When E. P. Sanders published Paul and Palestinian Judaism in that fateful year, the tectonic plates of Pauline interpretation shifted. In the way the story is often told, Sanders emerges as a post-Holocaust civil rights hero who exposed the implicit anti-Semitism in the standard Lutheran reading of Paul. Sanders' book was preoccupied with what he called the "pattern of religion" in Second Temple Judaism. Contrary to Bultmann and other Lutherans, Sanders argued that that pattern was entirely grace-based. Judaism was best characterized, Sanders said—in a formulation that would become widely repeated—as a "religion of grace." All (or almost all) of Paul's fellow Jews believed they "got in" to covenant relationship with God by gracious election, and they believed that they would "stay in" that relationship by gratefully keeping God's law (nomos in Greek)—hence, "covenantal nomism": Jewish law-keeping was undergirded and sustained by a merciful divine covenant. Whatever else Paul was upset with his co-religionists about—and Sanders admitted he found Paul notably inconsistent on this score—he clearly did not intend to indict them, as Luther had indicted the papists of his day, for "works righteousness."
Sanders' revolution was so successful that it was quickly hailed as a "new perspective" on Paul and Judaism from which there could be no return. Others rushed in to buttress his conclusions. James D. G. Dunn, Barclay's predecessor as Lightfoot Professor of Divinity at Durham University, maintained that Paul's conversion "did not teach him of God's grace, as though for a Jew he was learning of it for the first time." Paul was not an ancient version of Luther. Instead, Paul discovered the universality of God's mission and consequently devoted himself to a Gentile-focused ministry. Paul's problem with Judaism was not that it was focused on earning God's grace but rather that it was too nationalistic, too focused on maintaining ethnic and cultural boundaries and excluding non-Jews from its charmed circle. Paul wanted only to add belief in Jesus as the universal Messiah to an already-gracious Judaism. Paul was certainly not the radical ancestor of Luther that Baur and Bultmann took him to be.
Barclay's Paul and the Gift disputes almost every aspect of this standard account. Was there a dominant "Lutheran" tradition, associated with the rise of historical criticism, that distorted Paul's true theology? Yes and no, says Barclay, but mainly no. On the one hand, he grants that Luther mistakenly thought that Paul's target in his Galatians epistle was self-reliant boasting (if that were the burning issue, "it is hard to see why Paul would discount both circumcision and uncircumcision"). Yet he offers a sophisticated, subtle reading of Luther that overturns many of the caricatures of the reformer popular among "new perspective" interpreters. Luther's theology, Barclay suggests, with very little qualification, "constituted a brilliant re-contextualization of Pauline theology in the conditions of the sixteenth-century church."
What, then, of the "new perspective"? Is Paul one who understands Judaism as a religion of "works"? Again, according to Barclay, the answer is yes and no. Yes, grace is a distinctive of virtually all Second Temple Jewish theologies. Almost all Jewish writers contemporary with Paul understand God to be the dispenser of grace, and the Lutheran tradition "fostered a regrettable tendency to figure 'Jews' as exemplars of human self-righteousness." But no, Paul's Jewish contemporaries do not all understand grace as "unmerited favor"; they do not all "perfect" the concept in the same way. "Grace is everywhere in Second Temple Judaism," writes Barclay, "but not everywhere the same."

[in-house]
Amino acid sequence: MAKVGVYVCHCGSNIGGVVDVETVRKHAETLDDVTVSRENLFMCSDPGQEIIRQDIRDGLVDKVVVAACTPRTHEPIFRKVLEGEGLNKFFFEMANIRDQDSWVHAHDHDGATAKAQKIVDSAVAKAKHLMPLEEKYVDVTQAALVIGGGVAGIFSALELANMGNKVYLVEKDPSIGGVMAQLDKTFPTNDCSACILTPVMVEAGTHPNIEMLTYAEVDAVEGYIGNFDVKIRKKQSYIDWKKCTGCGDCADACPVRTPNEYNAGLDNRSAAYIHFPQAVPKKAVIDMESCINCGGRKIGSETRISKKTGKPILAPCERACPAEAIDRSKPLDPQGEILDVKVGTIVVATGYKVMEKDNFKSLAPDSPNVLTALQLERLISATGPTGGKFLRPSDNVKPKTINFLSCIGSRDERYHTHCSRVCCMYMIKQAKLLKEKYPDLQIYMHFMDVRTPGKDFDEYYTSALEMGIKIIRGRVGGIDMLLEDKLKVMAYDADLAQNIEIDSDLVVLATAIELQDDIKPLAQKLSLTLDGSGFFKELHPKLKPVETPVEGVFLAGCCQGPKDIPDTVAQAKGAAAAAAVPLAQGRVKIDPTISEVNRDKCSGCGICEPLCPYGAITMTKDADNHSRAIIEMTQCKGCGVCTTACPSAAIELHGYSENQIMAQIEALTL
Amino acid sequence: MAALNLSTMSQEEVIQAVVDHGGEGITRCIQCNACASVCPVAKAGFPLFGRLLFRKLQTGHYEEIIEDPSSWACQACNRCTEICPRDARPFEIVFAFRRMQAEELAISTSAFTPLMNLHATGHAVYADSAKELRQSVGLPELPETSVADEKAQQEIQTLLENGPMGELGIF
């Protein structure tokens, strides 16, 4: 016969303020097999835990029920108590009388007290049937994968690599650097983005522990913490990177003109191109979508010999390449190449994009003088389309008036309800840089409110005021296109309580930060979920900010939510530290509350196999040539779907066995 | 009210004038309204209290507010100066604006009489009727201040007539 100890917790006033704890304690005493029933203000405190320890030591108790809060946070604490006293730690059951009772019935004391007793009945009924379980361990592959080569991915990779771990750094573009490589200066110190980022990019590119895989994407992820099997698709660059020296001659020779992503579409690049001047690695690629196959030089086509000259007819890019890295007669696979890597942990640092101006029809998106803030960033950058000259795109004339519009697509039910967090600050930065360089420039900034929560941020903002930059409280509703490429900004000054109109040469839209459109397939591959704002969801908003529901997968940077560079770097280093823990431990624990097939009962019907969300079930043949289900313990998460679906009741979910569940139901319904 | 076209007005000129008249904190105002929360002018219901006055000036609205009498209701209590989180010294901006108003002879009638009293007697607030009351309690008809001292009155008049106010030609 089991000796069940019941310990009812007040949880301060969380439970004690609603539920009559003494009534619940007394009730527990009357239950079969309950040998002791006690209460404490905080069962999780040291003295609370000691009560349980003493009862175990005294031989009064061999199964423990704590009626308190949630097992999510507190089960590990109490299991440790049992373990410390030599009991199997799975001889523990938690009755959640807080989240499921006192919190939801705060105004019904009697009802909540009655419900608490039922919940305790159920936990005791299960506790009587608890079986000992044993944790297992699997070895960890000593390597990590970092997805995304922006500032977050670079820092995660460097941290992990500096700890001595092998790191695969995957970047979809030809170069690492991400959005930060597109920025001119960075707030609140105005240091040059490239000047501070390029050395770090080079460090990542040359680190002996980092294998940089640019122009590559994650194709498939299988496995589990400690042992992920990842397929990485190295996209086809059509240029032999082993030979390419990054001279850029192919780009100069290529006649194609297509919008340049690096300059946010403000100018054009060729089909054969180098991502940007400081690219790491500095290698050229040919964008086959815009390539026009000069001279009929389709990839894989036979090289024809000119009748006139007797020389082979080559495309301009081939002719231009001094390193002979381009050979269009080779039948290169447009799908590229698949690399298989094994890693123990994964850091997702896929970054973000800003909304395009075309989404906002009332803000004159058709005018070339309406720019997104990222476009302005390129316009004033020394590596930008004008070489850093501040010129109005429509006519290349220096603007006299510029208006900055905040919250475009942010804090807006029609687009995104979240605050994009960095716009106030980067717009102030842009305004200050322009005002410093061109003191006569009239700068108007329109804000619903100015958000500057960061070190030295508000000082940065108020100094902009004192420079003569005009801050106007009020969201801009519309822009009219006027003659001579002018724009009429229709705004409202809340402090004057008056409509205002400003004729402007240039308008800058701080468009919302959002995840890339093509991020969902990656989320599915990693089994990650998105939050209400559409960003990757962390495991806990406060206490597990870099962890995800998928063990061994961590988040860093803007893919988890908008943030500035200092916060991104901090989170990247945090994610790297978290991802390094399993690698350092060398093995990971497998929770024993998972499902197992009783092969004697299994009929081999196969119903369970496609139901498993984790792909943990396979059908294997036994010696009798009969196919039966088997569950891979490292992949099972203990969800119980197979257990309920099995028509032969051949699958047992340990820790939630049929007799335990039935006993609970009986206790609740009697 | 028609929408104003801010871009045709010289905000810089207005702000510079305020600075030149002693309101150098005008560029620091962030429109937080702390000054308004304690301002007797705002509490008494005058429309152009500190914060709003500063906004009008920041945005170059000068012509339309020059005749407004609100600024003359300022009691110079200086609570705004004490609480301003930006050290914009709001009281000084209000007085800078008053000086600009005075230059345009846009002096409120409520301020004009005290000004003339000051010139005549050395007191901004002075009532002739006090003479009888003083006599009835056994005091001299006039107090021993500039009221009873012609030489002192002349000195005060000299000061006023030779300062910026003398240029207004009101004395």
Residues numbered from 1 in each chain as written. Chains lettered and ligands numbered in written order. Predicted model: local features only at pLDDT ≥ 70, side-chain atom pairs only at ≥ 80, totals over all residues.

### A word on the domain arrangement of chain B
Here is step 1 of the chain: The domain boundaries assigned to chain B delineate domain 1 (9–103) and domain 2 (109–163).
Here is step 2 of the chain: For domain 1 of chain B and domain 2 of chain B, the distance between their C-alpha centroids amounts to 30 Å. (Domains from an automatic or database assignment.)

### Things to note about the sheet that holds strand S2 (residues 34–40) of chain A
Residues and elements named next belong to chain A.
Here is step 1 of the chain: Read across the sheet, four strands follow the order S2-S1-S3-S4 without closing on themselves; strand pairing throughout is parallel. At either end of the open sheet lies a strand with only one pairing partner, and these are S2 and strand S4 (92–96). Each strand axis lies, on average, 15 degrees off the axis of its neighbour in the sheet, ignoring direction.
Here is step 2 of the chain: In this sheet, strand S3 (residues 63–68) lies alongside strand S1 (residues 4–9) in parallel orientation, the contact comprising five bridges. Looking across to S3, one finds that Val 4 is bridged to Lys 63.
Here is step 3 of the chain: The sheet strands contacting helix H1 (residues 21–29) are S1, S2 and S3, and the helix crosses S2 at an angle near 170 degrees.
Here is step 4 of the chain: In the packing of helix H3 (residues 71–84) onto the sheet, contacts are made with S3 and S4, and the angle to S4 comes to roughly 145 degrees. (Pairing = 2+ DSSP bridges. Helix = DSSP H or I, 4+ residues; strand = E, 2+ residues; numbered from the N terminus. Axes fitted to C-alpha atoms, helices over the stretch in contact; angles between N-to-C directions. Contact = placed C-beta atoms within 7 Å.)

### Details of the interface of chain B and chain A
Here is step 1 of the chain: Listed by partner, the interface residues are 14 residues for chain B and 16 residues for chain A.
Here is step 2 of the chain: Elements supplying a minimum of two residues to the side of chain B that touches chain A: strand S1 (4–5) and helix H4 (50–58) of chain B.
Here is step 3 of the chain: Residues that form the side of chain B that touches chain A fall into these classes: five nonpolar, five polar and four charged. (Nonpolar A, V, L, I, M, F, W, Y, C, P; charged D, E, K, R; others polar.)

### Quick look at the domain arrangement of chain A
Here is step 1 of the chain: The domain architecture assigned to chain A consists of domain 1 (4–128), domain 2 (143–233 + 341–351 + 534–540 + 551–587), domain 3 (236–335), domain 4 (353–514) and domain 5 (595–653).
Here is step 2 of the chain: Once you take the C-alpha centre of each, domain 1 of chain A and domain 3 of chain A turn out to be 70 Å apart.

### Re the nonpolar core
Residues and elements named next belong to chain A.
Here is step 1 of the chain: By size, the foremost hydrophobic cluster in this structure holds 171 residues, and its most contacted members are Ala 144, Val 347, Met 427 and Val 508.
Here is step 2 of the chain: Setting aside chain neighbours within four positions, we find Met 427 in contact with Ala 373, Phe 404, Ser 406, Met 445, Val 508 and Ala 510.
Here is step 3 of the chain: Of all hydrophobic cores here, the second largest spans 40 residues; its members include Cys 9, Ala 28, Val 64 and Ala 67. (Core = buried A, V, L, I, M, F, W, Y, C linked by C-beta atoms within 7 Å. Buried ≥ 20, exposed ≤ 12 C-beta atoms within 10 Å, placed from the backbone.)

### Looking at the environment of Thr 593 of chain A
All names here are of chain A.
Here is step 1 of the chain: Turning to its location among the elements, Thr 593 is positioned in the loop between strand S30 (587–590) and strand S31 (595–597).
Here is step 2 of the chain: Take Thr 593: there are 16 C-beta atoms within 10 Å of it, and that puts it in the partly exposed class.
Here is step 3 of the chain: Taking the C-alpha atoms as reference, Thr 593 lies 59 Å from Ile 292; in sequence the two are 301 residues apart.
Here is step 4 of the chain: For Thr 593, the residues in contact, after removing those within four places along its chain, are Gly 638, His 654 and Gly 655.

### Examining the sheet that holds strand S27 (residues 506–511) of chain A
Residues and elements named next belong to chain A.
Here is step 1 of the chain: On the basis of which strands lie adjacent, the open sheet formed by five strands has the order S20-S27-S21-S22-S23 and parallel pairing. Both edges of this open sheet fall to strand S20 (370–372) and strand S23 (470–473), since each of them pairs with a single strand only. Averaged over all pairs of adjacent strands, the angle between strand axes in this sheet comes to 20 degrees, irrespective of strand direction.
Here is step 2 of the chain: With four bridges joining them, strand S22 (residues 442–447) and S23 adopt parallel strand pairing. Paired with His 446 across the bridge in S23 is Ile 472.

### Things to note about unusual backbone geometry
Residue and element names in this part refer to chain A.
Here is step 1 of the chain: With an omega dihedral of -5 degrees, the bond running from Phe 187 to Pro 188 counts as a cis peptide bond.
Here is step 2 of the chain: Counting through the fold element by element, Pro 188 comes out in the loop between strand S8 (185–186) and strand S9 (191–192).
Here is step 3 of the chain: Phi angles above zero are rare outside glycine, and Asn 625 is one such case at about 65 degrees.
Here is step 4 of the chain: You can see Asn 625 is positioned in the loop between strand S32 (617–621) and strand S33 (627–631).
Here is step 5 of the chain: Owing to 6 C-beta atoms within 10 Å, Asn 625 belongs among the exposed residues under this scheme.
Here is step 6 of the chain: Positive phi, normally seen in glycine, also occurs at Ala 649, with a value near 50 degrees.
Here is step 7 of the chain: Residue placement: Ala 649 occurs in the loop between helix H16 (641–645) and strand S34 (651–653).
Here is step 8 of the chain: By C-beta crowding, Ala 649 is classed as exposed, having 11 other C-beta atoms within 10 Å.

What emerges from Barclay's book is a new story that disrupts the normal telling of the progress of Pauline scholarship. Over against the "new perspective," Barclay understands Paul to be a genuinely creative thinker, unleashing a "bizarre," even "dangerous" definition of grace into a mix with other competing definitions. For Paul, grace is incongruous—it is a gift that does not "fit" or "match" the worth of those to whom God gives it. In defiance of human achievement, God gives grace to a supposedly successful but actually bankrupt person like Paul (the acme of Paul's human "achievement" had actually set him against God's church). And, conversely, in defiance of human failure, God gives grace to the utterly unworthy idol worshipers of Gentile cities around the Mediterranean. Because grace erupts, cause-less, in the event of Jesus' death and resurrection, it can therefore be given to anyone and everyone. As Barclay puts it, in two of the book's key sentences, "As a singular, particular, but unconditioned event [the incongruous gift of Christ] belongs to no subset of humanity, but is destined for all. Since no one is granted this gift on the grounds of their ethnic worth, no one of any ethnicity is excluded from its reach." No preparation is necessary, and no conditions must be met before the gift of Christ may be received.
Grace excludes working, then—to return to Paul's letter to the Romans—not because that is what "grace" always and everywhere means. Grace excludes working because that is the shape of the Christ-event, the Christ-gift, itself. It was an event that blossomed unbidden. It slashed across the night sky like a shooting star, unlooked-for. It appeared, when Jewish and Gentile eyes alike were turned elsewhere. After such an interruption, after such a seismic occurrence, definitions would have to change, patterns of religion would have to be rethought. Grace itself would have to be understood afresh. It is the unique gift of this book to show us how that happened in and through the 1st-century apostle to the Gentiles—and to give us hope that it might happen through his letters once again.
Wesley Hill is assistant professor of Biblical Studies at Trinity School for Ministry, Ambridge, Pennsylvania. He is the author of Paul and the Trinity (Eerdmans).
Copyright © 2016 by the author or Christianity Today/Books & Culture magazine.